After visiting the famous Glensheen Mansion that Chester Congdon built for his family on London Road in the eastern part of Duluth, my curiosity about the tragic ending for the last Congdon family member has been rekindled. So much so, that I requested the book WILL TO MURDER from one of the library systems I use routinely. It appears to be the definitive book written about the 1977 double murders at the huge and ornate Glensheen mansion on June 27, 1977 when a night nurse for the partially disabled Elisabeth Congdon and Miss Congdon herself were brutally murdured during the early morning hours of that fateful day. The murders shocked Duluth and the entire state of Minnesota, as well as becoming a national news story also. Brutal murders were not as much a part of the scene in that era. The Congdon Mansion did not even have any special protection or 24 hour surveillance, so safe did the residents feel with the doors locked at night. But on the night and early morning of June 27 that feeling of peace and safety was shattered when the murderer entered the mansion, probably by breaking the glass window of a porch on one end of the huge Jacobean house. The intruder then proceeded to the grand staircase….a stunning feature of the stunning home that was lavished with the finest of building materials and furnishings by the wealthy Mr. and Mrs. Chester Congdon whose riches were the result of early investment in Minnesota’s booming iron ore business of the late 19th century.
The intruder encountered the night nurse, Velma Pietila, a woman who defended herself to her death and tried to save the life of Elisabeth Congdon. Mrs. Pietilla, I think, knew who the person was that was attacking her….it was no stranger to the mansion. She was brutally beaten and bludgeoned with a heavy candlestick from the mansion itself. The ornate staircase’s landing was soaked in the nurse’s blood, her teeth knocked out and her face unrecognizeable when the body was discovered early in the morning. The intruder then proceeded to the real target: Elisabeth Congdon who was smothered with a pillow from her own bed where she lay, mostly helpless, but even Elisabeth fought for her life as her body showed when it was found. She had struggled against the killer so much her one arm which was not paralyzed by a stroke was bruised in the struggle, all the skin on her nose was rubbed off from trying to save her life. It was futile for both women.
The ensuing investigation into the double murder and the trial one year later of Elisabeth Congdon’s son in law, Roger Caldwell, led to his conviction and life imprisonment. His wife, Miss Congdon’s adopted daugher, Marjorie, was also tried for conspiracy in the murders but she was acquitted…although she did not escape imprisonment. She served time for arson and other petty crimes committed in Arizona; she also married a man when she was stil married to Roger Caldwell having gone to North Dakota and used a false name for that marriage. ND still has her recorded as a bigamist. The book unveils the troubled life of the "Glensheen Daughter"….spoiled and pampered by her adopted mother, a girl who grew up to be a manipulative sociopath..always in financial trouble due to her outrageous spending and check bouncing and schemes to get still more money out of the Congdon Trustees. One damning piece of evidence that helped a jury convict Roger Caldwell was a handwritten will by Marjorie, scrawled on a piece of tablet paper on June 24, 1977, which left all her anticipated wealth of millions, at her mother’s death, to her husband Roger. It may have been the motivation Marjorie used to get Roger to agree to murder her mother so they could inherit the millions from the Congdon wealth that would be hers when her mother died.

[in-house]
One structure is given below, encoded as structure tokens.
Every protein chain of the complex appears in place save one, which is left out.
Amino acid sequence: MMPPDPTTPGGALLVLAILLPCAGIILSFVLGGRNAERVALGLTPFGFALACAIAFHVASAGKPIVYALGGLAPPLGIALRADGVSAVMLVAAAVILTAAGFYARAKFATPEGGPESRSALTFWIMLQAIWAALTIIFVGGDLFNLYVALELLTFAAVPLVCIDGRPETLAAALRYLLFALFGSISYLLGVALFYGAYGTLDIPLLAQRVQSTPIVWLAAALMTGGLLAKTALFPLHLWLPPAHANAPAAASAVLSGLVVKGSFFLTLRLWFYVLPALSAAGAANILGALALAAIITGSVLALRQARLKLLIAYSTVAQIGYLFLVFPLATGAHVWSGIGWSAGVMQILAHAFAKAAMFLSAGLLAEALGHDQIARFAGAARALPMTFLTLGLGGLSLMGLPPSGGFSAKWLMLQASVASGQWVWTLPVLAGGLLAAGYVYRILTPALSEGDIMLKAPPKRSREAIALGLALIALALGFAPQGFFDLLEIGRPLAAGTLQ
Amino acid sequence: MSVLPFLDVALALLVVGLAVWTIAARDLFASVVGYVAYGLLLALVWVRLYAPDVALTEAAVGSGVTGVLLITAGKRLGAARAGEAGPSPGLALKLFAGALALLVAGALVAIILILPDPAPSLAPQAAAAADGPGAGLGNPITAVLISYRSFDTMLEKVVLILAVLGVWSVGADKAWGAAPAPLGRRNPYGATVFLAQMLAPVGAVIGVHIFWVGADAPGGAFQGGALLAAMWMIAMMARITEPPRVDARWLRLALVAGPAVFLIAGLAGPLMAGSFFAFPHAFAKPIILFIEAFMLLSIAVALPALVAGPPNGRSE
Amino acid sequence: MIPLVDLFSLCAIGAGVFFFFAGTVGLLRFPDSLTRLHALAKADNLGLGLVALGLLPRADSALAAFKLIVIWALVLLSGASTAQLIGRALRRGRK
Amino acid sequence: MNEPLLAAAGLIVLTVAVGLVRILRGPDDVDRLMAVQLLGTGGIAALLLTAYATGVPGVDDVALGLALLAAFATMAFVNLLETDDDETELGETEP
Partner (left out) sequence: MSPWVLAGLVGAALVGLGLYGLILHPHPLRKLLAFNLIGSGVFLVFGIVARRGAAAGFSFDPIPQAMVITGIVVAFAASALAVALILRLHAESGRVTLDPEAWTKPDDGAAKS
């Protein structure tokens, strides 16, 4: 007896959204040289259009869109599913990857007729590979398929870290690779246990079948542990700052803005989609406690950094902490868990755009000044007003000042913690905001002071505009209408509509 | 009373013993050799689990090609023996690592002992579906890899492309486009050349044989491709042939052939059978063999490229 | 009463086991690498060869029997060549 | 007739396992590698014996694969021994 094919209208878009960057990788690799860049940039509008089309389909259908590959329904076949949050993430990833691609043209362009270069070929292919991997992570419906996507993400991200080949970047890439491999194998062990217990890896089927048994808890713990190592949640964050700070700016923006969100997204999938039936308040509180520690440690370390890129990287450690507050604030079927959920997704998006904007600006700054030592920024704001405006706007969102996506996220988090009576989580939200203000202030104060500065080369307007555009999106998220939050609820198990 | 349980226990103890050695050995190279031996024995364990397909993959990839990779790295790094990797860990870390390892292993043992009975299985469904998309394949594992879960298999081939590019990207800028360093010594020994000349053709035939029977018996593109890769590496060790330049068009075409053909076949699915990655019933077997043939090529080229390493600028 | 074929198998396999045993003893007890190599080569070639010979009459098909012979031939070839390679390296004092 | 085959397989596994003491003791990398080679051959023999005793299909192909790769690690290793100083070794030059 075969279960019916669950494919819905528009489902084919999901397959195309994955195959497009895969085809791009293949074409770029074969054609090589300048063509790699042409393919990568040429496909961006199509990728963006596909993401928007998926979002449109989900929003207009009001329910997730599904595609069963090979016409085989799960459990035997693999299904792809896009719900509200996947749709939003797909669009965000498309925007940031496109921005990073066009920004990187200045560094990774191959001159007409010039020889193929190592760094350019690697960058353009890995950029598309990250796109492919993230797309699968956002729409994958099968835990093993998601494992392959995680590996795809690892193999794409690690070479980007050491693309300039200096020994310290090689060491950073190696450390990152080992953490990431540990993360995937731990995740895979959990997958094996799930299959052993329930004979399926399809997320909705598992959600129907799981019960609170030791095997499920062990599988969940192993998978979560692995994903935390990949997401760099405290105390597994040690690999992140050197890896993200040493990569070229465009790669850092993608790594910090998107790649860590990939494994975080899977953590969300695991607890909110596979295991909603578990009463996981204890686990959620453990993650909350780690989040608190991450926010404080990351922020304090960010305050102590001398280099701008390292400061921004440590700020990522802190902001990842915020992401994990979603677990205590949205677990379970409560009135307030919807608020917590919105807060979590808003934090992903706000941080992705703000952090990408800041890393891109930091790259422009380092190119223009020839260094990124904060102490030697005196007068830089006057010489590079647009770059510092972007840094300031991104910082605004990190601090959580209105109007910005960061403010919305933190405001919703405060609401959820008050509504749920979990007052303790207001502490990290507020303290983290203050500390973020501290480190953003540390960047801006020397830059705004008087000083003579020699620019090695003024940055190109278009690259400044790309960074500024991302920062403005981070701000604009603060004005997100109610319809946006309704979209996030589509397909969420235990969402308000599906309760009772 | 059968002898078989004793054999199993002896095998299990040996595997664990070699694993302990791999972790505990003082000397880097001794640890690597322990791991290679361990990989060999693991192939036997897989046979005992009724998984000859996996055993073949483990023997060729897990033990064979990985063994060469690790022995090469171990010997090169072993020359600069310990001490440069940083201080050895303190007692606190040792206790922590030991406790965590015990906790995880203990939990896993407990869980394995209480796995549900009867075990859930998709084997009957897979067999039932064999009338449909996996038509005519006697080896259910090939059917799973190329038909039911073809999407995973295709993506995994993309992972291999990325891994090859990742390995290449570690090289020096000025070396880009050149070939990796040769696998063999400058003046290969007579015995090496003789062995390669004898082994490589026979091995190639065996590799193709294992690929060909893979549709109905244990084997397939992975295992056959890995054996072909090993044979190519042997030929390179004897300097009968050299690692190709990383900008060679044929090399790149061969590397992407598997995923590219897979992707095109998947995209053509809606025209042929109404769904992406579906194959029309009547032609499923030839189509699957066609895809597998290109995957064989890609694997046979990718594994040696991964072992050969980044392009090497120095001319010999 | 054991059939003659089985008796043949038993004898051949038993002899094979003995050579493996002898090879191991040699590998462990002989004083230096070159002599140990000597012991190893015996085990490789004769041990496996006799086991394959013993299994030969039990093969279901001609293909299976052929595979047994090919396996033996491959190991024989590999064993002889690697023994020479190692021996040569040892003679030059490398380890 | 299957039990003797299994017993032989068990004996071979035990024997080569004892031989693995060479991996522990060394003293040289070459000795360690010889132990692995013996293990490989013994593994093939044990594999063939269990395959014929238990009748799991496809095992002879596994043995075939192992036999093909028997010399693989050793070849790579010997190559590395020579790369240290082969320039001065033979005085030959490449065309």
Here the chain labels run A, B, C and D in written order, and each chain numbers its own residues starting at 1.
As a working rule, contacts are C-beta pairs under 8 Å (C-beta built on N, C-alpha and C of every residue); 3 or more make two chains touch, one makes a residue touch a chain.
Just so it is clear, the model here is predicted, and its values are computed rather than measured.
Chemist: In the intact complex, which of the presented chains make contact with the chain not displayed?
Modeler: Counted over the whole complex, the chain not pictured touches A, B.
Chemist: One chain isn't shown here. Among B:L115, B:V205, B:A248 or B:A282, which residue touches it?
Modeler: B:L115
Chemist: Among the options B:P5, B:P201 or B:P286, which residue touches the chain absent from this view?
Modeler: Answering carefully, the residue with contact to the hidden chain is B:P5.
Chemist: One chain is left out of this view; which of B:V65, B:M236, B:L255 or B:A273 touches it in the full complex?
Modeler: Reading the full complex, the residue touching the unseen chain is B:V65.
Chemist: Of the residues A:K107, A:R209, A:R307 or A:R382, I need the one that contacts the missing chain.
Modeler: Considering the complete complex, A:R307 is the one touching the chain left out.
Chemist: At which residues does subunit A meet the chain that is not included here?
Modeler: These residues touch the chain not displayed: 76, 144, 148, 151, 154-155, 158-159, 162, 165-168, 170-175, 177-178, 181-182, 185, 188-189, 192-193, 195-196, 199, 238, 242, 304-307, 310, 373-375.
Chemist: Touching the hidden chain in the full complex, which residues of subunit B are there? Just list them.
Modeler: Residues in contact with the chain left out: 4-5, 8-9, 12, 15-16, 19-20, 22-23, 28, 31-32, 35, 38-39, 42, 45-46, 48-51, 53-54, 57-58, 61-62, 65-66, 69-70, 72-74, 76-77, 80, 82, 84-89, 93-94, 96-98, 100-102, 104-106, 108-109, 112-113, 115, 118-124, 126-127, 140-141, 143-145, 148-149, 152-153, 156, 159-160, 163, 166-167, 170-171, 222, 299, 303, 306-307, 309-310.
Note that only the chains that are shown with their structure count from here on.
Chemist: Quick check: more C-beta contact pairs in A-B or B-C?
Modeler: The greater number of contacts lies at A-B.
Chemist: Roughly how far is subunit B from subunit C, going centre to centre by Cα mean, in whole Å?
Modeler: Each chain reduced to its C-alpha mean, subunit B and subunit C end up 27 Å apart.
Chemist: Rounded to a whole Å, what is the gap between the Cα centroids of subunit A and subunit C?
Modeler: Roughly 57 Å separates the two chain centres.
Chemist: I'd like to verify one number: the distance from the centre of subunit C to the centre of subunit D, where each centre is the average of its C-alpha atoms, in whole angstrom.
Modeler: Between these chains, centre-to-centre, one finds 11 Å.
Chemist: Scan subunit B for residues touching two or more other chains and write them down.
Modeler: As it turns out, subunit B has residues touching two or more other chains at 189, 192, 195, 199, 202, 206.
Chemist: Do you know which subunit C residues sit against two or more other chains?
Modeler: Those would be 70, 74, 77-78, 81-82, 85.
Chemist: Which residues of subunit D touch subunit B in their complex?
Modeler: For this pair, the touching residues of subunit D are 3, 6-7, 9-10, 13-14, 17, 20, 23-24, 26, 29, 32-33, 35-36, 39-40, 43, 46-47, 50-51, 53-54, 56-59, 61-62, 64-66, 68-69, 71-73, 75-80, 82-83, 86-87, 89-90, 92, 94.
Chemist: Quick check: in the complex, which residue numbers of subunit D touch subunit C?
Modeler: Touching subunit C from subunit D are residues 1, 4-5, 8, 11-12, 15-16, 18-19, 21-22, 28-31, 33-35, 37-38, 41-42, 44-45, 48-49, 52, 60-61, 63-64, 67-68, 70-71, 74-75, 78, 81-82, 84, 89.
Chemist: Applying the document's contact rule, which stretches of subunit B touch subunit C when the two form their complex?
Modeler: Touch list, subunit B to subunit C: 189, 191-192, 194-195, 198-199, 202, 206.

The book is not only interesting in tracing the history of the Congdons and their great wealth and the fortunate adopted daughter who would have inherited much of the wealth had she not been so desperate for money, so greedy and so mentally unbalanced, as the book unveils. It is surely one of the most interesting "reads" I have had.
I was surprised in one of the chapters that gave all the details of the many many legal actions needed in the unfolding of the murders and the trials that took place afterwards, that I found the name of one of my relatives in the story. This man was a lawyer in a St Paul firm that was brought in at one point to untangle the legal and criminal labyrinthes of the Congdon case and the wealth of the family. He is the son of my Dad’s cousin, whom I regularly correspond with from his home in Florida. His involvement was minor but I was surprised when I read his name in the book.
I have been trying to get interested in another book…..CHOCOLAT…. the book for the adult reading group at the local library. If a book does not "grab" me in the first two chapters I do not continue reading it. "Chocalat" is a very "light" read and also a fantasy form of modern lit and it does not intrigue me at all. I confessed this to Joy, the librarian and she confessed back to me that she is feeling the same way about the book! I have always been a reader who knows exactly the sort of books that intrigue me— as most readers know that about themselves.
Back to the Glensheen Murders: Roger Congdon was released from prison after serving much of his sentence but committed suicide in the late 1990s. Marjorie Congdon Leroy Caldwell Hagen is still alive and is "at large" somewhere in the southwestern part of the U.S. much to the dismay of those who know her and fear her, even though she would now be in her late 70’s.